Medicare Drug Benefit Helps Slow Drug Sales From Canada
Online drug sales in 2006 from Canadian pharmacies to U.S. consumers dropped about 50%, from $420 million Canadian dollars in 2005 to $211 million Canadian dollars last year, according to data from IMS Health, the Philadelphia Inquirer reports.
Drug sales across the border to U.S. patients -- once "a hot trend" -- have been suppressed by several factors, including threats from U.S. pharmaceutical companies to stop supplying drugs to Canadian firms, rising drug costs in Canada, a weaker U.S. dollar compared with the Canadian dollar and the 2006 introduction of the Medicare prescription drug benefit, the Inquirer reports.
Legislation (S 1082) introduced this year by Sens. Olympia Snowe (R-Maine) and Byron Dorgan (D-N.D.) would reduce restrictions on imports and enhance safety by calling for all exporters and importers to register with federal authorities. The Pharmaceutical Research and Manufacturers of America opposes prescription drug imports, citing the possibilities that counterfeiting could rise and existing safety regulations could be compromised. FDA has "conducted periodic sweeps against drugs delivered through the mail," but "its leaders admit they lack the staff to do a thorough job," the Inquirer reports.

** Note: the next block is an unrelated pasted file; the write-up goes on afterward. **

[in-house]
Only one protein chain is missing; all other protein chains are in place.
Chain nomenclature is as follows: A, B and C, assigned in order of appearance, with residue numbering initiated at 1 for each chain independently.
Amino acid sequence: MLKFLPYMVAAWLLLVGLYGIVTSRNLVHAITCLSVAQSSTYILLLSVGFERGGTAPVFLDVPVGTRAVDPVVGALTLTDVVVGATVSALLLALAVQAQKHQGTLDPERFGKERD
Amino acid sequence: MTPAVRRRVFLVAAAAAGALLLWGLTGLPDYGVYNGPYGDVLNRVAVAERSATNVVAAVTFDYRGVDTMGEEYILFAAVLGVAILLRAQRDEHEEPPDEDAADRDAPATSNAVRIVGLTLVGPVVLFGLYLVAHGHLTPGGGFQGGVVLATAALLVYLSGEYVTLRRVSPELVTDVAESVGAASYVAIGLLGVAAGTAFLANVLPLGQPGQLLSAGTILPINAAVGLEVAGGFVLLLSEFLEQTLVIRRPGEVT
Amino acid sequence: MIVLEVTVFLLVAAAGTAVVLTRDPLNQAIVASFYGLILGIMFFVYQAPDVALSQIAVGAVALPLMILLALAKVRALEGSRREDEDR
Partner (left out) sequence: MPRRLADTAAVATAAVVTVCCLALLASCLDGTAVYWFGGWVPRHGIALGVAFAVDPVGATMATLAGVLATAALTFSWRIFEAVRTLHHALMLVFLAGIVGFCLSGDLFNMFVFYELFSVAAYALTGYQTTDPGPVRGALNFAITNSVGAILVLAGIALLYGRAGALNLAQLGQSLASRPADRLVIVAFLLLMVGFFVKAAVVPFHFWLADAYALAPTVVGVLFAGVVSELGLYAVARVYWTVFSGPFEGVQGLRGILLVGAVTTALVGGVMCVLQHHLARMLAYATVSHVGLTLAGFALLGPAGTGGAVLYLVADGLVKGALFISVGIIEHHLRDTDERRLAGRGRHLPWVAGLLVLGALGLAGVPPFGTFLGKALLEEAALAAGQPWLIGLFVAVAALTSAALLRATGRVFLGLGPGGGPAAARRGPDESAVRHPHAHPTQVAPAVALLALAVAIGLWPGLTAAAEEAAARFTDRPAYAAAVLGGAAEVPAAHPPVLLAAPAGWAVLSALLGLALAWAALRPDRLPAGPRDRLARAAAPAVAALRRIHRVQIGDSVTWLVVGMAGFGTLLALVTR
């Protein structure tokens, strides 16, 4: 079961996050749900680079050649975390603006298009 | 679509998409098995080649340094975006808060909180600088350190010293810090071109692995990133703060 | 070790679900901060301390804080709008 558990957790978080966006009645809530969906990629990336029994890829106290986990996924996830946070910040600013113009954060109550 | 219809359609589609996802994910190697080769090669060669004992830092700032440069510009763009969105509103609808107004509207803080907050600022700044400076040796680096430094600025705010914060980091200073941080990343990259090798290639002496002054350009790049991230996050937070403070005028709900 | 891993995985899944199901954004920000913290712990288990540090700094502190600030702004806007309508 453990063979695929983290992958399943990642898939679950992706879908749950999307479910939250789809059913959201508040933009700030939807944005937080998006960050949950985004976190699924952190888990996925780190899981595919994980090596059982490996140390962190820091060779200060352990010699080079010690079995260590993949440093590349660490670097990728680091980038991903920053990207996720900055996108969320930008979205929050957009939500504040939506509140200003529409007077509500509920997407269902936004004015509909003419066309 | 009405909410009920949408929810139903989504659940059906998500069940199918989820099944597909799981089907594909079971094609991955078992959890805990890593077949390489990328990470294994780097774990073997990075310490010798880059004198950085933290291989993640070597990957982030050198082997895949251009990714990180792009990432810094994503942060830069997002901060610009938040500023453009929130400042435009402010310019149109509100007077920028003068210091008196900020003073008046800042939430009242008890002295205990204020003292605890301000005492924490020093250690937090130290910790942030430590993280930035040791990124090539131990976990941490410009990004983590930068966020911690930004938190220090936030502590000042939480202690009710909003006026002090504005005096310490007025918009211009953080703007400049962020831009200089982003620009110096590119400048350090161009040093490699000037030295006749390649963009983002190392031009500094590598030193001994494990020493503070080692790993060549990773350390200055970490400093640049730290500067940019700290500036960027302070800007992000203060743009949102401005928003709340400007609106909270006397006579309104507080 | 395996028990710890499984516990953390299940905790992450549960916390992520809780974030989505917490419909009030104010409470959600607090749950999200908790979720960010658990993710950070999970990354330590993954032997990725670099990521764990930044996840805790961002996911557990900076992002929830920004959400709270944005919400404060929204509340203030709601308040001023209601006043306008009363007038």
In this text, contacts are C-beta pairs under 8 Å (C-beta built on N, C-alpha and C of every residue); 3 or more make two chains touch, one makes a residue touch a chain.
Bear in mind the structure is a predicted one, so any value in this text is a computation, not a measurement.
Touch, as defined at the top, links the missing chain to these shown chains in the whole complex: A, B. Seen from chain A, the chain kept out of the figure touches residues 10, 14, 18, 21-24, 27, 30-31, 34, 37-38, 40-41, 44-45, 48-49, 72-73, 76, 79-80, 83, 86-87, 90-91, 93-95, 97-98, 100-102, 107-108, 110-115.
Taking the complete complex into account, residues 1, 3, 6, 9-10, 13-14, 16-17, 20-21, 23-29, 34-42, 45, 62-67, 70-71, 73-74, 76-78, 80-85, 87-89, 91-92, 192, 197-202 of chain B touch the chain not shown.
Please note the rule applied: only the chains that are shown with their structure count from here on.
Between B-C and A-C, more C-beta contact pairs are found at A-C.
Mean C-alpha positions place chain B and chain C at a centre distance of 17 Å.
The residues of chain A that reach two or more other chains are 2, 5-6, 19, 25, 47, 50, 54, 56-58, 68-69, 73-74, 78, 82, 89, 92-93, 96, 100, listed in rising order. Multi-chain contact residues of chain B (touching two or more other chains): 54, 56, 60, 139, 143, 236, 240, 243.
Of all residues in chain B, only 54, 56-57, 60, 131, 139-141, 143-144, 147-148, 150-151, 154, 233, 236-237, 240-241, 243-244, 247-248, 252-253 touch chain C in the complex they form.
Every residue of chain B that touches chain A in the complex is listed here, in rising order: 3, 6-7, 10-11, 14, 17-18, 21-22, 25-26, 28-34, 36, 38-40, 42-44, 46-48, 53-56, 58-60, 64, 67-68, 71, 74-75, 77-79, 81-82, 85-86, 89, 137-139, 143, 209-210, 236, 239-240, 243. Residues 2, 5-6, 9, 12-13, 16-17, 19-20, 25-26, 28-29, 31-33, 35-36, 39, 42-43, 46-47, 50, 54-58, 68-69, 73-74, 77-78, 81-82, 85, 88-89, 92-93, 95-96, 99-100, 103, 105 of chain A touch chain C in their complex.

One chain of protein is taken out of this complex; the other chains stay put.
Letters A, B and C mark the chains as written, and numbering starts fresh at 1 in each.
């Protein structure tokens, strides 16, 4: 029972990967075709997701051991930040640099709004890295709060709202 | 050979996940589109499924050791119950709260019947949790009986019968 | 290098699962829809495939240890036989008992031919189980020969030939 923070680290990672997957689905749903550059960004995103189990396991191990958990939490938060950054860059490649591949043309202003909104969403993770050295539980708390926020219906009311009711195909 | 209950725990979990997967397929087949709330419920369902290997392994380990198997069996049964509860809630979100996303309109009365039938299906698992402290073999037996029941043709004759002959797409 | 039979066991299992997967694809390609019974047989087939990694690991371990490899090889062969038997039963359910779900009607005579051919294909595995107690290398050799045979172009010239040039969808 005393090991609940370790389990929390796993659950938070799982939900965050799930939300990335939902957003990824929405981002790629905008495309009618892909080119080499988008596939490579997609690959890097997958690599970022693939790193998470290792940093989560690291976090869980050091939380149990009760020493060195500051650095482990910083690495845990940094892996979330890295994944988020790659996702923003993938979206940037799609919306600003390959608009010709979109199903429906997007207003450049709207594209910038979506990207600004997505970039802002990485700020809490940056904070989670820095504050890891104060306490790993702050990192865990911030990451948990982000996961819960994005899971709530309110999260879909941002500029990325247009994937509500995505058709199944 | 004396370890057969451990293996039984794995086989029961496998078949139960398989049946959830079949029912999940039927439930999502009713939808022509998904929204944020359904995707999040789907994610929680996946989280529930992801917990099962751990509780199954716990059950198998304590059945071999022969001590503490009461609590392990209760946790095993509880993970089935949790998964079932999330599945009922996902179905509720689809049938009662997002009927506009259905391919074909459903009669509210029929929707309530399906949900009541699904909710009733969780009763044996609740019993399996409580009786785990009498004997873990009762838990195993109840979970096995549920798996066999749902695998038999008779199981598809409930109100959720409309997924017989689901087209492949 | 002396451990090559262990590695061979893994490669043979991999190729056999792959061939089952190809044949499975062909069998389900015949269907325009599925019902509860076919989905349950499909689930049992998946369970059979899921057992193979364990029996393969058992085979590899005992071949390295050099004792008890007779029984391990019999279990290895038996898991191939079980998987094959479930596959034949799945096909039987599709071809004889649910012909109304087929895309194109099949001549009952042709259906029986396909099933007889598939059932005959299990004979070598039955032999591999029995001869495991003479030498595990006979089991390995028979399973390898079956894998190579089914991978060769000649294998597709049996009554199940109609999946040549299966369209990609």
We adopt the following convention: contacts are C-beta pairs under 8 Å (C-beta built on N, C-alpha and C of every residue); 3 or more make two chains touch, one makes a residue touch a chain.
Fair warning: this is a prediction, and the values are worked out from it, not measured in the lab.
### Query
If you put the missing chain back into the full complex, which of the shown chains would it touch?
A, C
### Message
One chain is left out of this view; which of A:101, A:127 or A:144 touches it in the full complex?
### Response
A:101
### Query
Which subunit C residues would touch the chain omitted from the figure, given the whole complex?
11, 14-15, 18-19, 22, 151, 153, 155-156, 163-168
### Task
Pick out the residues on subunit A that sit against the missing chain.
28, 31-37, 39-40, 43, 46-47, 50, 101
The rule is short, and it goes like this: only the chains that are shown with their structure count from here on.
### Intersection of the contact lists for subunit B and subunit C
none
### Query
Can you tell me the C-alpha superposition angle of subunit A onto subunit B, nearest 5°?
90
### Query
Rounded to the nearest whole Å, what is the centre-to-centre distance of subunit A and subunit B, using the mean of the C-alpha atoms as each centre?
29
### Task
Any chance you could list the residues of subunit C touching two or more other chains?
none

Ilisa Bernstein, FDA's director of pharmacy affairs, said the agency does not know for certain whether online sales are increasing or decreasing. She said, "We really don't have the resources to quantify the number of products coming in," adding that FDA uses a "risk-based approach" to select the drugs that pose a high level of danger and need closer safety scrutiny. Bernstein said, "What's scary is, a lot of these online sellers will sell you drugs without a prescription."
Randall Lutter, FDA's deputy commissioner for policy, in a statement said, "The data lead us to believe that many people are buying drugs online not to save money but to bypass the need for a prescription from their doctor, since these Web sites typically do not require the purchaser to have a prescription" (Stark, Philadelphia Inquirer, 11/5).